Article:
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Luke Links: The Demented Sports Fan Edition

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As I'm sitting here in the public library -- it's the only place I can be truly productive -- clicking through various Colts-related links, I can't help but have my Twitter crawl open in my leftmost Chrome tab.  Why?  Because today, a 17-year-old, 6-foot-11 high school senior is declaring where he intends to play college ball, and I've got some gimme LeBron James jokes to make about the decision process. [Editor's note: he chose IU since I started writing.]

Seriously though, Zellerpalooza and the related recruiting circus has had me thinking a lot about fans lately.  I could get into the whole discussion of the spillover from pro sports to amateur/collegiate sports (we've come a long ways from the Bobby Plump days, huh?), but really, I want to keep this focused on fans, and how unintentionally (or perhaps intentionally) absurd they can be at times.  I mean, we're talking about a 17-year-old kid, and thousands of people blogging and tweeting and reporting about his every single move open to society.  He was wearing a blue shirt, he's a UNC lean.  He was talking with a guy whose friend's cousin's pen pal lives across the street from Tom Crean, he's an IU lean.  Butler...well, you were never really in the equation, but I'm sure someone said something similar (alliteration FTW) at some point during this recruiting maelstrom.

And it's not just fanatic Hoosier fans.  I'm thinking of last Sunday, when Austin Collie was laid out (without malicious intent) by Kurt Coleman.  My first thought: my God, he's paralyzed.  He cannot move.  He's having his neck taped to a board.  This is every shade of awful.  But I just know, as I was thinking these things, that someone out there had moved beyond potential paralysis and was thinking "man, the Colts have no one left at wide receiver now" or "wow, the Colts can't afford another injury" or even "this is gonna kill my fantasy team this week."

Have sports become that superficial?  Are we that detached from reality, from real-life circumstances surrounding real people?  Is the prospective win-loss record of our alma mater so important to us that we take a long lunch just to catch a high school kid's press conference?  Does the win-loss record of our fantasy team or favorite pro team trump the importance of a player walking again?  I don't know the answer to these questions.  And don't even get me started about Eagles fans booing Collie as he remained motionless on the field.  All I do know is this: we're crazy.  We're crazy to care us much as we do, to invest the kind of time required to know who Joique Bell is or how many yards Carson Palmer has thrown for on the year.  And crazy is a double-edged sword.  It's the worst in everything, it's the kind of fan that makes you shake your head and wish you could be disassociated with the fanbase if that's the presumed behavior.  Simultaneously, it's the best in everything: the crowd responsible for forcing an opposing QB into calling timeouts and throwing picks, the single thought carrying you through a Monday morning when upper management decides to play Whack-a-Mole with Joe Necktie and let's not forget, it's the fans that pay the bills.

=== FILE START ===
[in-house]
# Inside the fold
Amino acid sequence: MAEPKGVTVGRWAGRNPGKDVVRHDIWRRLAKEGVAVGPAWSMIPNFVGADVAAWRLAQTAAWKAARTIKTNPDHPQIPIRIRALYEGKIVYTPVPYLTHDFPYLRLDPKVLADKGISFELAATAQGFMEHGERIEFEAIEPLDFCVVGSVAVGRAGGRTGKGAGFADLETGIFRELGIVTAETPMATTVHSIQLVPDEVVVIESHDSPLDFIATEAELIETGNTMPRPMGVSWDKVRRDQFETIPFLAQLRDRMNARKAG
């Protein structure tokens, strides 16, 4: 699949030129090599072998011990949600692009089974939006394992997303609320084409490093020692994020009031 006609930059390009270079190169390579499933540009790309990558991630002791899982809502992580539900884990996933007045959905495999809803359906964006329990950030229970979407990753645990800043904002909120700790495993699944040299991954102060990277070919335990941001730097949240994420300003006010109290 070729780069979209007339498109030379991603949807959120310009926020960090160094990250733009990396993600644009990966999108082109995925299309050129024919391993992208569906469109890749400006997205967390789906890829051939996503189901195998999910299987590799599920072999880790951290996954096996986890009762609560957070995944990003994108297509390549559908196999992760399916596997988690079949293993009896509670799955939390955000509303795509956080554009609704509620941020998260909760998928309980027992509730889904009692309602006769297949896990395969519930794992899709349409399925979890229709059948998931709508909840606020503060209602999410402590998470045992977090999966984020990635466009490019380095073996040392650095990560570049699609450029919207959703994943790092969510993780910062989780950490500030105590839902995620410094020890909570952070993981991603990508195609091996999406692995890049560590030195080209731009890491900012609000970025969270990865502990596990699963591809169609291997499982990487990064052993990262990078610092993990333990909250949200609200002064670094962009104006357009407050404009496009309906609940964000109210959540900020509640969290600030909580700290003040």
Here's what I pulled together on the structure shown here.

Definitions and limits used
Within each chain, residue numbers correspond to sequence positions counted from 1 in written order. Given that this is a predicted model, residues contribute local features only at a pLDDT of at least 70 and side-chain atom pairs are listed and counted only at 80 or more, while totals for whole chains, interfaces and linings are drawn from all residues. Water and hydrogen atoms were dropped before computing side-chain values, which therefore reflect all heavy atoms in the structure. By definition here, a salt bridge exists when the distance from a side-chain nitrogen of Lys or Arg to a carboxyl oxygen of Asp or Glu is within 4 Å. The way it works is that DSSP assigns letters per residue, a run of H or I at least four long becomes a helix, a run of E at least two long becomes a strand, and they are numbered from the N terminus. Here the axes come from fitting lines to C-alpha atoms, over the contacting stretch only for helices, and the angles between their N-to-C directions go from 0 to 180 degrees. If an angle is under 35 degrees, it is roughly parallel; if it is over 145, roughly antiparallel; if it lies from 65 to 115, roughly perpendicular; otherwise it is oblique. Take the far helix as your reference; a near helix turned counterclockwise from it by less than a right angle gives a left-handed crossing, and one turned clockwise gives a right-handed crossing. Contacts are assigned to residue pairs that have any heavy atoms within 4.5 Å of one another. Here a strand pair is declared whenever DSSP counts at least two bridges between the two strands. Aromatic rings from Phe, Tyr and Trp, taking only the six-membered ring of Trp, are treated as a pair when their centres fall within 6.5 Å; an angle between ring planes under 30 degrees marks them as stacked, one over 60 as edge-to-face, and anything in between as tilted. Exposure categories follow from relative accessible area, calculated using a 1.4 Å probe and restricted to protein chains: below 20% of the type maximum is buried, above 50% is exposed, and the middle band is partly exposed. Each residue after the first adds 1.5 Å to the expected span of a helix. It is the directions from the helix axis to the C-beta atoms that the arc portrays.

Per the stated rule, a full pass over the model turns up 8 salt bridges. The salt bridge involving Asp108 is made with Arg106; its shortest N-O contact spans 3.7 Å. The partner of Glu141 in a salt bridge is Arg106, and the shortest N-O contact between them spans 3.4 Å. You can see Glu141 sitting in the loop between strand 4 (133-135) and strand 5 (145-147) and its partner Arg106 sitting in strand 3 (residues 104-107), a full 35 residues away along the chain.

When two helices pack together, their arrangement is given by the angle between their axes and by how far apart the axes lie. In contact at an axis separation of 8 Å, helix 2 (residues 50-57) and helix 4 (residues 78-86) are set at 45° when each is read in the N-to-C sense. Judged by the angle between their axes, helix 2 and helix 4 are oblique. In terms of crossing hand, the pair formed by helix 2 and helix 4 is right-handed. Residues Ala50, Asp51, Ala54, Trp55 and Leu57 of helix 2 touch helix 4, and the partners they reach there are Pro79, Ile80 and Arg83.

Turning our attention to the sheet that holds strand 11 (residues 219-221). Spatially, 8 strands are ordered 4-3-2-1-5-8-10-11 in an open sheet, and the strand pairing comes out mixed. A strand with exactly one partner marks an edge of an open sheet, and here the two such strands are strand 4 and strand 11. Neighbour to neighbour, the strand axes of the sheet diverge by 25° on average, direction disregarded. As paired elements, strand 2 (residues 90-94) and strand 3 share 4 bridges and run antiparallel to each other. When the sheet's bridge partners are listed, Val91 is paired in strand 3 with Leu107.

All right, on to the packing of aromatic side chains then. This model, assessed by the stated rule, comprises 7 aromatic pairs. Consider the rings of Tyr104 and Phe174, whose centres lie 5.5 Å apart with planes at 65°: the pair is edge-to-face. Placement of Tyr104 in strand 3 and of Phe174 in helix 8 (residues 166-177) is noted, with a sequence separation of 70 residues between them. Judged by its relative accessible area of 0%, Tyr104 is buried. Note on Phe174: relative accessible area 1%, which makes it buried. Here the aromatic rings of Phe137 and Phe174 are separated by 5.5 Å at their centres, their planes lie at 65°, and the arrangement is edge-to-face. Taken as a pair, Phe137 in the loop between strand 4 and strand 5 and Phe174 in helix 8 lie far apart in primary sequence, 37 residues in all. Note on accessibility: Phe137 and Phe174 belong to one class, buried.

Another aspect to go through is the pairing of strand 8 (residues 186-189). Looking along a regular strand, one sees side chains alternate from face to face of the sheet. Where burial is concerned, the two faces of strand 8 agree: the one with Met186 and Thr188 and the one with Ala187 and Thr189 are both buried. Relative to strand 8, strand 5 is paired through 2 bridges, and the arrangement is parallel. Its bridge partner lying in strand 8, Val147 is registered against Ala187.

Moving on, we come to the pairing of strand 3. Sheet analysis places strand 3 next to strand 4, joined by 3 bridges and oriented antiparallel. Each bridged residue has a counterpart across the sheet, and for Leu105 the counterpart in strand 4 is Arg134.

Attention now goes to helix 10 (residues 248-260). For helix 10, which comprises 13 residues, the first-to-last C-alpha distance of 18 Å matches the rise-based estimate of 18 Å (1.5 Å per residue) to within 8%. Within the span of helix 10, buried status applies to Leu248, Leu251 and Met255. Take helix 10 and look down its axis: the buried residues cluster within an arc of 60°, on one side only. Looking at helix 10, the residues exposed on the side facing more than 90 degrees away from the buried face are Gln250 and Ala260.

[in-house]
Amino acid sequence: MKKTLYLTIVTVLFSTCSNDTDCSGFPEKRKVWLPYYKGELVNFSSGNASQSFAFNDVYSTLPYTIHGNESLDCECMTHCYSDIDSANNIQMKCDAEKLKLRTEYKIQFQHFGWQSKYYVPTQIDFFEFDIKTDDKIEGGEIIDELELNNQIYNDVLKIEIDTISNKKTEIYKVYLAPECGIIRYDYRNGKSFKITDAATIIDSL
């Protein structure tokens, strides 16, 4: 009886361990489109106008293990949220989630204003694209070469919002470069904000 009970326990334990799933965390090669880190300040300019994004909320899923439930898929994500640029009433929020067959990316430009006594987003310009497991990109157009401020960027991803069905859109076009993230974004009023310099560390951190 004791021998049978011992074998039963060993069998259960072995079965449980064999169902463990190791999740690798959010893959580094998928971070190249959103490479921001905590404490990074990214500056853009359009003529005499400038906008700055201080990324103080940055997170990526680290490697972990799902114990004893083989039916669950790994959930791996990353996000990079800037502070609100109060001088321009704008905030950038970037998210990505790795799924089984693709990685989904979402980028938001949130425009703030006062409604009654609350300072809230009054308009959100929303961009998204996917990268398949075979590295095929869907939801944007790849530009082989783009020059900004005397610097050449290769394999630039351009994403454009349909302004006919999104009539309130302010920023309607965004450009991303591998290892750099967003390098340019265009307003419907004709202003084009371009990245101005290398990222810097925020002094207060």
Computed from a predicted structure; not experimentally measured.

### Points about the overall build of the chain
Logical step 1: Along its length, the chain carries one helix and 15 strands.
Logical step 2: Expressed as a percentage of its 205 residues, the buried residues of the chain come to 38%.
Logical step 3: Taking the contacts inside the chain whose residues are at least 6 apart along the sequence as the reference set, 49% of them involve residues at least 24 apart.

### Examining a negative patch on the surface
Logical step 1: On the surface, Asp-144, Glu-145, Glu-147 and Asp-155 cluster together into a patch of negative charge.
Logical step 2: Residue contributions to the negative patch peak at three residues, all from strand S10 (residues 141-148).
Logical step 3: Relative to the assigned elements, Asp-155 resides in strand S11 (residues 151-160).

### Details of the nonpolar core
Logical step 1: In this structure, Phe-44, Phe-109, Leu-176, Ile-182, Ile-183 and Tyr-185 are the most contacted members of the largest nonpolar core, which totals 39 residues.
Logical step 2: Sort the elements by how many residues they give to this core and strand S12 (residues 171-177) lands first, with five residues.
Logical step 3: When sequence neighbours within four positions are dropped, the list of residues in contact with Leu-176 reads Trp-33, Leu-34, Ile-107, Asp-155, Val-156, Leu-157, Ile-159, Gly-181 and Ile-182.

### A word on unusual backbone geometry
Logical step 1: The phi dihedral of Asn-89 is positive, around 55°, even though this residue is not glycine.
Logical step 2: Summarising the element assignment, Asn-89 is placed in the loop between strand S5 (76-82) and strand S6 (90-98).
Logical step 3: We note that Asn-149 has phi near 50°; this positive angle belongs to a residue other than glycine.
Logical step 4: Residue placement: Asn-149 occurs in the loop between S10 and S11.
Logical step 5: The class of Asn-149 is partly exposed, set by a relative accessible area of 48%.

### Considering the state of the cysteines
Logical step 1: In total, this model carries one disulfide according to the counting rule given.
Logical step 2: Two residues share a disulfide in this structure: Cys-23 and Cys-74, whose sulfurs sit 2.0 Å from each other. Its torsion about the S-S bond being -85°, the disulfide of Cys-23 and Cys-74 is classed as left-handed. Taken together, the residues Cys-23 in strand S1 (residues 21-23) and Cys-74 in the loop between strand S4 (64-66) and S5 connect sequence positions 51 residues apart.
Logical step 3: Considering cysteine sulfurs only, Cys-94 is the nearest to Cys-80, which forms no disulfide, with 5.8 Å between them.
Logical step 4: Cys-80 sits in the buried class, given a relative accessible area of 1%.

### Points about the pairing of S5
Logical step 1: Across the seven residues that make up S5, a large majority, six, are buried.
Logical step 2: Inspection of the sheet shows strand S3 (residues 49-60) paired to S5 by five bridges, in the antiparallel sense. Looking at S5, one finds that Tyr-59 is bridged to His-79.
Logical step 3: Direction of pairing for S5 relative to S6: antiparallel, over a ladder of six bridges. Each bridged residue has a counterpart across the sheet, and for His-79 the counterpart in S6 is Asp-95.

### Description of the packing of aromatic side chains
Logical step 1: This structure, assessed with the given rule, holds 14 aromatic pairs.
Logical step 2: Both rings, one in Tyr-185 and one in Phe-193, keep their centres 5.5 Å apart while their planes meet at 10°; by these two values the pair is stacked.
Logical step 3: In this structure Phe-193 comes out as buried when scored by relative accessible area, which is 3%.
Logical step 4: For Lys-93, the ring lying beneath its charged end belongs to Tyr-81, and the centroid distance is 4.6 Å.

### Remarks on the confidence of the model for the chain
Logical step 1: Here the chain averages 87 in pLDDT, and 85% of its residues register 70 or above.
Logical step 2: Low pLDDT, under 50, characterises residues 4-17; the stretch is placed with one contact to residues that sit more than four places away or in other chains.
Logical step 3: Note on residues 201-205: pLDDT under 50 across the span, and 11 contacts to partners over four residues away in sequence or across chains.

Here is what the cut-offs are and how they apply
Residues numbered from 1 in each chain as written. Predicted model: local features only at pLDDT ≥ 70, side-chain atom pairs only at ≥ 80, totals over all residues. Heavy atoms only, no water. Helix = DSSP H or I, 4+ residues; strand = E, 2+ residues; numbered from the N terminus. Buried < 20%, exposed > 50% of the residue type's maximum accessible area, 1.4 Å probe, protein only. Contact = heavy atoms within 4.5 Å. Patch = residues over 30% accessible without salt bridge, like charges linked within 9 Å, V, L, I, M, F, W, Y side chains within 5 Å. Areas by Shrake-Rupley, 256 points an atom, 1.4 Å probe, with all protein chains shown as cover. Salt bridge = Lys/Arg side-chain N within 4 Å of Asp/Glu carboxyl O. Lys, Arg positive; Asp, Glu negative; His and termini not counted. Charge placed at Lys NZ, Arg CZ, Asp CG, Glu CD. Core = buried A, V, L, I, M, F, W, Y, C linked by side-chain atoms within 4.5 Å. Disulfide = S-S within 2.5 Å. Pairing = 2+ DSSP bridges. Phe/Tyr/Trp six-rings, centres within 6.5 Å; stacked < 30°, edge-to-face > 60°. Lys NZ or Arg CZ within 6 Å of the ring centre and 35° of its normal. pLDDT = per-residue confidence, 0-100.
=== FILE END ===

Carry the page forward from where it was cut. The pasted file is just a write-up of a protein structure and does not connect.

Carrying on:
Fans are crazy.  They do stupid things.  Can we possibly condemn them, though, when nothing is possible without them?  I don't think so.  And those are my thoughts today.  Links after the jump.


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